Find me on Substack »

leopard-slugs-copulating-15Aug2015-VTIT IS A LASCIVIOUS BOUT OF FOREPLAY AND COPULATION that might have made the authors of the Kama Sutra blush. Its well-lubricated gyrations are featured in an uncharacteristically erotic nature video from the BBC (stay tuned for that). And it can happen in your own backyard, as it did here in Montpelier this past weekend.

During our neighborhood party in Vermont’s capital city, a pair of Leopard Slugs (Limax maximus, rhymes with Climax Maximus), uh, well, did it on a sugar maple late Saturday night. Right next to our four-square court!

I’ve witnessed some crazy courtship and mating in nature — some of it not too pretty. I’ve watched a male Least Tern hop onto the back of a female and rub a dead fish back and forth slowly (lovingly?) across the nape of her neck. (Don’t try this at home.) Dragonflies engage in some of the most elegant yet ruthless sex ever evolved. And duck sex is literally twisted.

Slug sex is slow and slimy — and requires some gravity. The spectacle begins when the slugs ascend a meter or so up a tree or other vegetation. After some tentative rubbing and nudging (which is when we found them), the slugs lower themselves from a strand of mucous about a foot-and-a-half long. They entwine and spun freely in a position we might call “The Double Helix.” And from here the kink begins.

Leopard Slugs are hermaphrodites, with supple, translucent male organs that emerge (“evert” is the biological term) from an opening at the side of head (pictured below). Their penises begin to entwine, sort of like a big, external French kiss. And when fully engaged, they blossom into a kind of slimy florette that glows a soft blue, during which the slugs exchange sperm (which is what you’re seeing here). Yeah, right here in Montpelier, a lovely prelude to leaf-peeping season.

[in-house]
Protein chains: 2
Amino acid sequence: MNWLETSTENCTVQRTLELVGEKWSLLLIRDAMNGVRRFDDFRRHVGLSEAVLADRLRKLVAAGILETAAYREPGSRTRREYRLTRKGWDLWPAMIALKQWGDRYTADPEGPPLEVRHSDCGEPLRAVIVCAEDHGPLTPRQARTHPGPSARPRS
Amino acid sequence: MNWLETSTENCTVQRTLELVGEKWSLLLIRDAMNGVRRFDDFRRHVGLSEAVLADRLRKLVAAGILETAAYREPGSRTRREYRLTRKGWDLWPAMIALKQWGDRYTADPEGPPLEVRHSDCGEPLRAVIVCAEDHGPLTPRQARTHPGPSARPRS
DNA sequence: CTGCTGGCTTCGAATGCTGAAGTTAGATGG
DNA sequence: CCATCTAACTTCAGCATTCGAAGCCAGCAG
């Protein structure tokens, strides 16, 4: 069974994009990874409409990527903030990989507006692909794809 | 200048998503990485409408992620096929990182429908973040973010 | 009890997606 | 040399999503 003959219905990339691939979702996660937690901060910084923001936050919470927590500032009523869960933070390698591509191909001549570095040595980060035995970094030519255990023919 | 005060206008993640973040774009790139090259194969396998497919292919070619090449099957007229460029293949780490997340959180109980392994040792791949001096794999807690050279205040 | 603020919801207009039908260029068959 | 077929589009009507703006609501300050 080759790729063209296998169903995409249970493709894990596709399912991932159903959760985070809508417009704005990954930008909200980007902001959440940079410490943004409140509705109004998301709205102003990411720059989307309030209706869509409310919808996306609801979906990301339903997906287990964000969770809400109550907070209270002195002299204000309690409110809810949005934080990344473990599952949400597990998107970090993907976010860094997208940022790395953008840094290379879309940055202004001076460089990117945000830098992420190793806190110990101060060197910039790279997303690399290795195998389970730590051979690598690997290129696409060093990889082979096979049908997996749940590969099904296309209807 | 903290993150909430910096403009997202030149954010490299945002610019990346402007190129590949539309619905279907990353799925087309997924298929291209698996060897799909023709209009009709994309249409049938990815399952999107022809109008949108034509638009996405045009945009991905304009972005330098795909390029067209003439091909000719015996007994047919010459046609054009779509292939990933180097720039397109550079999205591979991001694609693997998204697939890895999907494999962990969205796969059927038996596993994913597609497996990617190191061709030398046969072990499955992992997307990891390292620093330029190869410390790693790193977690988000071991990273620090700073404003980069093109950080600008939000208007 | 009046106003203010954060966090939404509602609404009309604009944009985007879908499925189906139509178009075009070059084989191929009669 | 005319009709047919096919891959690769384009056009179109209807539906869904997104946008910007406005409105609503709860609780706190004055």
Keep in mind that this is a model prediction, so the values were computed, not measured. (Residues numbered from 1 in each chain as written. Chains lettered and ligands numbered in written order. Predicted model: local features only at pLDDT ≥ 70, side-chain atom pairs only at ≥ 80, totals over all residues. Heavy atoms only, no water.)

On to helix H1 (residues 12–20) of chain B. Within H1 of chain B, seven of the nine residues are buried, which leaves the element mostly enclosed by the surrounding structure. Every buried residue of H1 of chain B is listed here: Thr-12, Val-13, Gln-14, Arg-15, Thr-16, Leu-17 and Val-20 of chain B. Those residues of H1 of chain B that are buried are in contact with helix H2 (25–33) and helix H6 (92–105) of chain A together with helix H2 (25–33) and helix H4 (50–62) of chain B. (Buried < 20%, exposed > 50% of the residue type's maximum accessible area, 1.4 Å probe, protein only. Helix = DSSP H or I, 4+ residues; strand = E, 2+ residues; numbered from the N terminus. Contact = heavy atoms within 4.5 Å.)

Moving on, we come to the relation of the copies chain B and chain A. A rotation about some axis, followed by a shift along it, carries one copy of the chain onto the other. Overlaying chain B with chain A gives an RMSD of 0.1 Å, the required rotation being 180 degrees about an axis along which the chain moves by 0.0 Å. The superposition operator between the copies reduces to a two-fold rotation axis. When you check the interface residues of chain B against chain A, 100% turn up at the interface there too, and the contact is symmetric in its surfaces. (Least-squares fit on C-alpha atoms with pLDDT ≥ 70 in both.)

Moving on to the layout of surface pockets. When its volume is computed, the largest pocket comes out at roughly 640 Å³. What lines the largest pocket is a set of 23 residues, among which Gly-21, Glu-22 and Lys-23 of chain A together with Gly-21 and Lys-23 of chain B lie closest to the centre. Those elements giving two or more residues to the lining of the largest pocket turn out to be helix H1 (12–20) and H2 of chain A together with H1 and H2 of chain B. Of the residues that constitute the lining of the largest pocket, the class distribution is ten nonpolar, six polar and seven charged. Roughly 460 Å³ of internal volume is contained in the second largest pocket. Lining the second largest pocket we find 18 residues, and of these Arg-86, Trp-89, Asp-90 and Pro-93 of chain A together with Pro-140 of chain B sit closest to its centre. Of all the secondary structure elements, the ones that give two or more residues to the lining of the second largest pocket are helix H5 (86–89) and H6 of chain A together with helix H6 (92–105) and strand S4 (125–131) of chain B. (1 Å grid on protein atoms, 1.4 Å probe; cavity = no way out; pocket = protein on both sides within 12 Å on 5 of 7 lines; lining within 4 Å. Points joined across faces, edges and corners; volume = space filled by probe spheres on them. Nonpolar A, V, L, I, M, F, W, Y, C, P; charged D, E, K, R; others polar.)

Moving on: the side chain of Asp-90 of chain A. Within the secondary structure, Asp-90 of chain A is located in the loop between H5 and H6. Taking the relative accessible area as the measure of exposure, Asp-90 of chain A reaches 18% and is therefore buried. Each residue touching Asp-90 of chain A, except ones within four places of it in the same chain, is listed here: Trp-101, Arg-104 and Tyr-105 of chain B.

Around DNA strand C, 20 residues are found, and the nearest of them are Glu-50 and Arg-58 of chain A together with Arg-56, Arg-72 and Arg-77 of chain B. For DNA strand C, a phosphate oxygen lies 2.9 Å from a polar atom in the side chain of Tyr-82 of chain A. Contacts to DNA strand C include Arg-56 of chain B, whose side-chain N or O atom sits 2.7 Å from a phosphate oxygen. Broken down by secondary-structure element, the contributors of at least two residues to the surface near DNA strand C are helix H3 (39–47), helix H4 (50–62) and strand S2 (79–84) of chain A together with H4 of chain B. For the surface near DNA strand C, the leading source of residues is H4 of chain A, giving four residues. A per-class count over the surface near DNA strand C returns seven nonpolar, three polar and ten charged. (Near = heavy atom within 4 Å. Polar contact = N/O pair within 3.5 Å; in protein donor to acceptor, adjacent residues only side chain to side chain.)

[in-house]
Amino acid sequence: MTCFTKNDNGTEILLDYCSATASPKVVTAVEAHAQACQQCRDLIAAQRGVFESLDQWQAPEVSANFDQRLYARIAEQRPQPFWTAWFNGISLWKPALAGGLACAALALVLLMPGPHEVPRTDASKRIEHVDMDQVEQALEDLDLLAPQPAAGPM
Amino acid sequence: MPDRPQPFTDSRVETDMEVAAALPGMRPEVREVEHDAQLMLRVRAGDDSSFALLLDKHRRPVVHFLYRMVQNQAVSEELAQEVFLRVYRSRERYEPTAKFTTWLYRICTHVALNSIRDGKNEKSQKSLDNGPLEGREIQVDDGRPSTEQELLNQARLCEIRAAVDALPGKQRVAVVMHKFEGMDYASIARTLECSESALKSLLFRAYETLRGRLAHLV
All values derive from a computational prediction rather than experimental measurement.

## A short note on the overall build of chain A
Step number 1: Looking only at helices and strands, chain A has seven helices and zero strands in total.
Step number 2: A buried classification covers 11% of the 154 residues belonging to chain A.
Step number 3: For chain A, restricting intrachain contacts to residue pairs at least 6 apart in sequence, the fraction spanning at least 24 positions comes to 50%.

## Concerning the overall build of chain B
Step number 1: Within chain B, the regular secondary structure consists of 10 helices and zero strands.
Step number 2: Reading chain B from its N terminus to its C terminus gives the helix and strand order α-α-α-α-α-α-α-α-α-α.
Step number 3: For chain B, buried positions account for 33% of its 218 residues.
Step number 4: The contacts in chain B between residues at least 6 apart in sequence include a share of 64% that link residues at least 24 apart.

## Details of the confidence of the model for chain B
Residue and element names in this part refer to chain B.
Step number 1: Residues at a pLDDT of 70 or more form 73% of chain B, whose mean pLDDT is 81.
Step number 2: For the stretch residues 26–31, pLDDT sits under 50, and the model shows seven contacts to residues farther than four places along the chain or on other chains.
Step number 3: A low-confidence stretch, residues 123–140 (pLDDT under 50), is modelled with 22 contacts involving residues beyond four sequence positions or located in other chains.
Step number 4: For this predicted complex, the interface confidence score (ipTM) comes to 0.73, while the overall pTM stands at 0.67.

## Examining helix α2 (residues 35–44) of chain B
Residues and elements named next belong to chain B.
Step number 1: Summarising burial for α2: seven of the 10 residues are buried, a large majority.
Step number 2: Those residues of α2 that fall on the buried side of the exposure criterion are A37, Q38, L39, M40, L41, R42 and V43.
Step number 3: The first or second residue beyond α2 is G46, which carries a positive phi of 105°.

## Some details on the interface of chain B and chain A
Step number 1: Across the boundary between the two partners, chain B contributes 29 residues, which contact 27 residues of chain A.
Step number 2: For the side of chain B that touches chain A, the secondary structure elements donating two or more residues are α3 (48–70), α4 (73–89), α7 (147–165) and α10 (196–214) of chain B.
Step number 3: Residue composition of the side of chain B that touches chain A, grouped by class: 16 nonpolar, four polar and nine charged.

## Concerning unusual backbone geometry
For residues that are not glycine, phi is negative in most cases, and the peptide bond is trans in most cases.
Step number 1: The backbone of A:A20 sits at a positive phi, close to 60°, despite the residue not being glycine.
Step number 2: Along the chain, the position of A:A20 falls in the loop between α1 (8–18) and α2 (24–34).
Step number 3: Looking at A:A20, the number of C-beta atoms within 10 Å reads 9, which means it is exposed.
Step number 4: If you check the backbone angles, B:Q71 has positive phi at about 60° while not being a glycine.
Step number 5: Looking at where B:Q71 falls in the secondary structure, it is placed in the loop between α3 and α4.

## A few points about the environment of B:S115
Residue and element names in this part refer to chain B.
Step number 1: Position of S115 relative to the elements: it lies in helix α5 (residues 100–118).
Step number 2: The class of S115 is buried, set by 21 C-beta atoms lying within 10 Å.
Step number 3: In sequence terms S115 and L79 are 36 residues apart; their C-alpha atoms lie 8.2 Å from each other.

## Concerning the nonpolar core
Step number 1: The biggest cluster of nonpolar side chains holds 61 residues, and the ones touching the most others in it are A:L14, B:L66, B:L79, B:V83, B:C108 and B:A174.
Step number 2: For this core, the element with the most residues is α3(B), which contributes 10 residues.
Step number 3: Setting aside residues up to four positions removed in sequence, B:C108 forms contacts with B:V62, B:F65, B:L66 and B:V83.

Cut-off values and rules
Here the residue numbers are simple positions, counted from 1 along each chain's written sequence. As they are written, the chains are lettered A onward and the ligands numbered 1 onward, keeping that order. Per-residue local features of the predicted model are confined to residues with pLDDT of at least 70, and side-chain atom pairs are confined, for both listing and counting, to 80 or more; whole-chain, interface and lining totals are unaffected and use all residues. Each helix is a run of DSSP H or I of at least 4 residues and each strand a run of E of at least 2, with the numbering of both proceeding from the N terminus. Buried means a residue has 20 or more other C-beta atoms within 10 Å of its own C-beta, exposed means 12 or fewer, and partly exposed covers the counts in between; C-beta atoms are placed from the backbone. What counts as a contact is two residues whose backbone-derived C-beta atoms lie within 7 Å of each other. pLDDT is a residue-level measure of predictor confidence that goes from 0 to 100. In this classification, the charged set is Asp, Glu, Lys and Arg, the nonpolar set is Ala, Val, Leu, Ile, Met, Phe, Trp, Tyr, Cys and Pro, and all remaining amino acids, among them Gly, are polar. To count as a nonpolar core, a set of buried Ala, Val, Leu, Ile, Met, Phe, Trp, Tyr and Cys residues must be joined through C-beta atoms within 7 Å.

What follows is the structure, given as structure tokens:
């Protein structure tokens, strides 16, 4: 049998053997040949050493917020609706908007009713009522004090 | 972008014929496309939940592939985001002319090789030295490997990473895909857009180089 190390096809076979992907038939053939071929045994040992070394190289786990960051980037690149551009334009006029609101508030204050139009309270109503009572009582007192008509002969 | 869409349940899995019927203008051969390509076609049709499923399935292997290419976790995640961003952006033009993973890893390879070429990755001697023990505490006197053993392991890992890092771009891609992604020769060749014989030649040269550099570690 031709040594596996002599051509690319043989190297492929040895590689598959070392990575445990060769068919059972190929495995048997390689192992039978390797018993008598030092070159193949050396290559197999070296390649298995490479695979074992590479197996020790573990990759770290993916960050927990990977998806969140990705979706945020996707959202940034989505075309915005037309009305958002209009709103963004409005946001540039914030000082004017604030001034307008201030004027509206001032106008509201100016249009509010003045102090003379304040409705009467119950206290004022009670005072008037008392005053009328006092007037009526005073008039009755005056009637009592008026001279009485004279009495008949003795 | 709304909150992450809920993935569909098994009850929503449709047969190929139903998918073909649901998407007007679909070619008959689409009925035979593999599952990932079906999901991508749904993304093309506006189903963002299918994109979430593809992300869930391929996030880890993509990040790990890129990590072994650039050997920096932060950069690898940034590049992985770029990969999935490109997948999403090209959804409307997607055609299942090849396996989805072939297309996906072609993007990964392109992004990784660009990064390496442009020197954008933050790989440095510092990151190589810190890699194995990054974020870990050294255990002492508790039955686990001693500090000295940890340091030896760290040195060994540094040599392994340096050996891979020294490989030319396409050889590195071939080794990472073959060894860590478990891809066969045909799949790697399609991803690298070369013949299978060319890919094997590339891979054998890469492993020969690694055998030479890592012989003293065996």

After 15 minutes or so on our maple, each slug slowly retracted its penis (no apophallation here, thank goodness), unentwined, lowered itself back to earth, and went off to lay hundreds of eggs. There is no long-term pair bonding in slugs — probably not even a morning phone call. I’m told these copulations happen on warm, humid nights. We’ve got a few more on the way, and the Perseids are all but over. So head out with a flashlight and a camera these next few nights.

Oh, here’s that BBC video, which is amazing (but a bit over the top, if you ask me — okay, like this blog post). By the way, the Leopard Slug is an invader — native to Europe, North Africa, and Asia Minor rather than North America. I guess it gets around in transplanted soil. Finally, here are some great images from a guy, apparently in Australia, who was “called away for dinner” before the cheap thrills ended.


  1. Liane says:

    Wow .
    Happy New Year 2022.
    Thanks for sharing this .
    So what appeared to be a knot on my tree, after further investigation turned out to be a slug almost like a ball of slug .
    I immediately went into defense mode .
    Got the salt and quickly threw it on the knot of slug , then realized there were two slugs mating .
    Lots of slime … they do have natural lubricant.
    Happy I could save my plants from further destruction.
    I am so fed up of the destruction on my plants , caused my slugs !!.

  2. Jennifer says:

    Thanks for the education. No sarcasm. I’ve only seen one leopard slug in 45 yrs & I thought it was a snake at first because it was so long. I took pictures & asked around for the identity but no one seemed to know. Again, thanks for the info.

  3. Carolyn says:

    I’ve always thought that Nature has a sense of humor.

  4. coppsky says:

    that’s disgusting…
    but it’s natural.

  5. Bill Bartlett says:

    A great way to celebrate the Battle of Bennington Day!

  6. lindawurm says:

    engrossing yet gross.

Leave a comment

Your email address will not be published. Required fields are marked *